- REVIEW: Doctor Who - Series 10, Episode 7: "The Pyramid At the End of the World"
- Image Announces the Return of Mage by Matt Wagner!
- Dynamite Reveals "James Bond: Moneypenny" Creative Team
- REVIEW: Seven to Eternity #6: Draining the Swamp
- ADVANCE REVIEW: Victor LaValle's Destroyer #1 - A Truly Modern Prometheus
Peter J. Tomasi and Patrick Gleason have a reoccurring knack of tapping into the vein of nostalgic Superman, and pumping that sucker dry. Not only do the pair succeed in making this series feel like the Superman you grew up with, but also allow you a brighter look on the character, if that’s even possible.
In Superman #7, since Superman has already established his place as Earth’s new Superman, it’s time for the “Smith” family to become a part of their community in Hamilton County. Promising Lois to hang up his cape for the night, Clark takes Lois and Jon to the Hamilton County fall fair.
Tomasi and Gleason couldn’t have chosen a better setting to try to get the Super family to blend with the townsfolk. The pair recreates the feeling of the small town fair well, pulling out no stops along what you would assume to be a typical visit to the fall fair. Between running into Jon’s science teacher, to the rigged carnival games and cattle contests, you get the feeling of simple, small town joy and family bonding.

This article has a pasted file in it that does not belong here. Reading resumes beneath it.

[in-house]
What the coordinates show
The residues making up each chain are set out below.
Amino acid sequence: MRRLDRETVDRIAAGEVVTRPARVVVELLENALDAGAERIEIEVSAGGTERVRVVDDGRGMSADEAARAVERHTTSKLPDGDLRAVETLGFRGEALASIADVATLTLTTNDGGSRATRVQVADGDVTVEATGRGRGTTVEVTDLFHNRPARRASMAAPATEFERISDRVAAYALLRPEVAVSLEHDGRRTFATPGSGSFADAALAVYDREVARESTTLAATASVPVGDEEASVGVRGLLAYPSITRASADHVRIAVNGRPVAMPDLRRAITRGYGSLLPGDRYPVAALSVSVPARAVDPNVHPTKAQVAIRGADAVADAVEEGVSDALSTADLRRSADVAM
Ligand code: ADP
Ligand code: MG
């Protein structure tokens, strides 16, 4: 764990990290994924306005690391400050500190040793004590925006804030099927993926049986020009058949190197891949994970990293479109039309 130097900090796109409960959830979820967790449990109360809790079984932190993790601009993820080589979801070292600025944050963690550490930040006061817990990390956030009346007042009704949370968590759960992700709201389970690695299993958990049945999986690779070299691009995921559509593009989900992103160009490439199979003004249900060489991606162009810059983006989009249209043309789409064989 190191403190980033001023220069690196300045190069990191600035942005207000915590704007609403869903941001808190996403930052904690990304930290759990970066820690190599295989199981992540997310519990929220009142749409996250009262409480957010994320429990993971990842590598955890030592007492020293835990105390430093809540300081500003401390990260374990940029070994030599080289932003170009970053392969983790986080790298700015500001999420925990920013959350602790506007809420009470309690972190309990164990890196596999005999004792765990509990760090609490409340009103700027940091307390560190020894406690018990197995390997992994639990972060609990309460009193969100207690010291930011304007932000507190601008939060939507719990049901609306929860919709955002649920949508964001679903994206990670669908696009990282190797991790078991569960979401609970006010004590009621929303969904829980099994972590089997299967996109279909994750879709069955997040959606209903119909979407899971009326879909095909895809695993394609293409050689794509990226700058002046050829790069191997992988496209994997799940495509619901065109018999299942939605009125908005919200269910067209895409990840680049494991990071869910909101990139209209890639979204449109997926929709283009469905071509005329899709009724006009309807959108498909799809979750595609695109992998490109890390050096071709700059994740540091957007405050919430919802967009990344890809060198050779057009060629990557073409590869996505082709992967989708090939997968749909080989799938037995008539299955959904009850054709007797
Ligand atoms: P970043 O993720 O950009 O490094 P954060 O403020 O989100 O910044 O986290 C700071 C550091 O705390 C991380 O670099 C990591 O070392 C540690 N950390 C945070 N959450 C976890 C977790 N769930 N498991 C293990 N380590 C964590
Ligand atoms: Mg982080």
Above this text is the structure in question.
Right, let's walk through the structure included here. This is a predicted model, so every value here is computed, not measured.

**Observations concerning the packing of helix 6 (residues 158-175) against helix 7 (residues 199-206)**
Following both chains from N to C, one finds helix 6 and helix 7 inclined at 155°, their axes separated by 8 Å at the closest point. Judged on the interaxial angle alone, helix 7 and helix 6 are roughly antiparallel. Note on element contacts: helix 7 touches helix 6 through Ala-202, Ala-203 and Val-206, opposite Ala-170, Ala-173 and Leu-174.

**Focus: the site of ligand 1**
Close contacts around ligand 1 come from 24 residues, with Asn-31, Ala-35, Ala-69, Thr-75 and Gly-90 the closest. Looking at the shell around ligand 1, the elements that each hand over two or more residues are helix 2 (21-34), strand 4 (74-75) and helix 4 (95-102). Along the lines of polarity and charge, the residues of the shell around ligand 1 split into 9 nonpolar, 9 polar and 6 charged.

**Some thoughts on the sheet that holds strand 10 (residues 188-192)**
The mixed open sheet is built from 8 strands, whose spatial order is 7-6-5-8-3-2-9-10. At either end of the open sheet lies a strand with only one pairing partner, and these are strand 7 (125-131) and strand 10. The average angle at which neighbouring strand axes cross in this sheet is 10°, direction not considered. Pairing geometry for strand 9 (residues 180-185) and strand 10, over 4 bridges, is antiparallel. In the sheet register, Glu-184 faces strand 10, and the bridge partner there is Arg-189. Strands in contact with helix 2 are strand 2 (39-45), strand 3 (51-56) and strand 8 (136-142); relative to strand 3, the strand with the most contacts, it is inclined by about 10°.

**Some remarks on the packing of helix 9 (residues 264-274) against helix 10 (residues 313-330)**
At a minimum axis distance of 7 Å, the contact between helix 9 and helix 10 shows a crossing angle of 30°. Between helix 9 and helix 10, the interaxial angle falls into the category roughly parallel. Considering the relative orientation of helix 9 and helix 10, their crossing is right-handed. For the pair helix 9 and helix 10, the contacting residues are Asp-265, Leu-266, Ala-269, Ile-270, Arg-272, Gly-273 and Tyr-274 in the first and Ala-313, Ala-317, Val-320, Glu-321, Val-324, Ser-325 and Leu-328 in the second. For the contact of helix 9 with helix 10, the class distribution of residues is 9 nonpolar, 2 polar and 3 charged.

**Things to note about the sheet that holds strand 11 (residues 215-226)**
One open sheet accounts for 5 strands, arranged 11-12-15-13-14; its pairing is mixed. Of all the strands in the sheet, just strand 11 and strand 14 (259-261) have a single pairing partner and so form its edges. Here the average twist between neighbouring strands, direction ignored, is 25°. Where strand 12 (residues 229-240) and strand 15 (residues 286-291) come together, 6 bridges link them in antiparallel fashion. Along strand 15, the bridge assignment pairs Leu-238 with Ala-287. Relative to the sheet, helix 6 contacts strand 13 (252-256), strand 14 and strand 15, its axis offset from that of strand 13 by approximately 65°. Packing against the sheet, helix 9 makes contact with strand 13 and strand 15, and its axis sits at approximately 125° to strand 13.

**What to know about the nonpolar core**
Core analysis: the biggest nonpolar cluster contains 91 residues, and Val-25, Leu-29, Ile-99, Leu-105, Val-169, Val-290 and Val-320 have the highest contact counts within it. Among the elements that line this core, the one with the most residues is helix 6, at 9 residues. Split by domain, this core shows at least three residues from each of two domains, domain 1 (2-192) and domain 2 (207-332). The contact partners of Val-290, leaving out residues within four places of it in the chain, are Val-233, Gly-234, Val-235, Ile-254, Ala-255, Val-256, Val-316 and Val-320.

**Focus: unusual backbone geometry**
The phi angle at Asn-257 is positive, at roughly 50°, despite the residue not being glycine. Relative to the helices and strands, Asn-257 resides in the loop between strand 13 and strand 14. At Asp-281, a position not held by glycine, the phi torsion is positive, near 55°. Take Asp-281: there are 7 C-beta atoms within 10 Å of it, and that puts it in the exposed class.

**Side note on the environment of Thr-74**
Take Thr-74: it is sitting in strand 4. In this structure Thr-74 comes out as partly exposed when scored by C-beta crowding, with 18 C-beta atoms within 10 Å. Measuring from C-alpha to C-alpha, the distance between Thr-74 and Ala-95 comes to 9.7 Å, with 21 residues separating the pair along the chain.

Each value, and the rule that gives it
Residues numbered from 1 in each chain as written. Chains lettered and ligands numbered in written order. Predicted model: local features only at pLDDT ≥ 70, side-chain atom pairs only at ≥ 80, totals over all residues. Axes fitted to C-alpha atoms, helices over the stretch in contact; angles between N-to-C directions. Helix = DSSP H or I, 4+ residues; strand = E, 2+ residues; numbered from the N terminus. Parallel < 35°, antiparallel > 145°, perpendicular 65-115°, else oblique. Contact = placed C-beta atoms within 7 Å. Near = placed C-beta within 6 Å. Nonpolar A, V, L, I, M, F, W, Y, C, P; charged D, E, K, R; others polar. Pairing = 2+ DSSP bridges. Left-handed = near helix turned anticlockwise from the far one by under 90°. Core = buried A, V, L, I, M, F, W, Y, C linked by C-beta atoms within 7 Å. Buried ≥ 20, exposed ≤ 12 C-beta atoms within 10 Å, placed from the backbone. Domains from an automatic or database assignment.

Growing up in a smaller community, this issue granted periodic moments of nostalgia for me. Devouring copious amounts of carnival food, running into family friends and friends from school, talking to teachers awkwardly out of school and of course, cattle contests. I can almost taste the Kettle Corn and smell the manure now.
Of course, what would a Superman story be without just a little crime though, right? During the family outing, Supes almost misses the last ride of the night to stop a robbery of he ticket booth, donning a cape from the “Medevil Fair”, much to Lois’ discontent.
Jorge Jimenez and Alejandro Sanchez emphasize the humbleness of the scenes with warm lighting and plenty of people bustling around the crowd. The rustic colours Sanchez utilizes reflect well off of the radiant neon lights of ticket booths and rides.
I’ve truly enjoyed the artwork of this series so far, and out of the recurring artists Jimenez has been one of the most pleasant. His pencils are simple yet elegant, depicting characters expressions better than most, especially the younger ones, Jon and Kathy.
However, easily the best moment in tis issue, is watching the Super family ascend the roller coaster, as Clark joins Jon in reciting the classic, “Up, up and away!”, to fireworks in the background. Just look at that final page!
This was an enjoyable issue in the pleasing new Superman run, letting us see more Clark than Superman and the family man that he wants to be. Tomasi and Gleason have kept the ball rolling thus far, albeit with a lot of punching, but manage to take away the action for an issue in a pleasing, heart warming way.
I give Superman #7 an 8/10.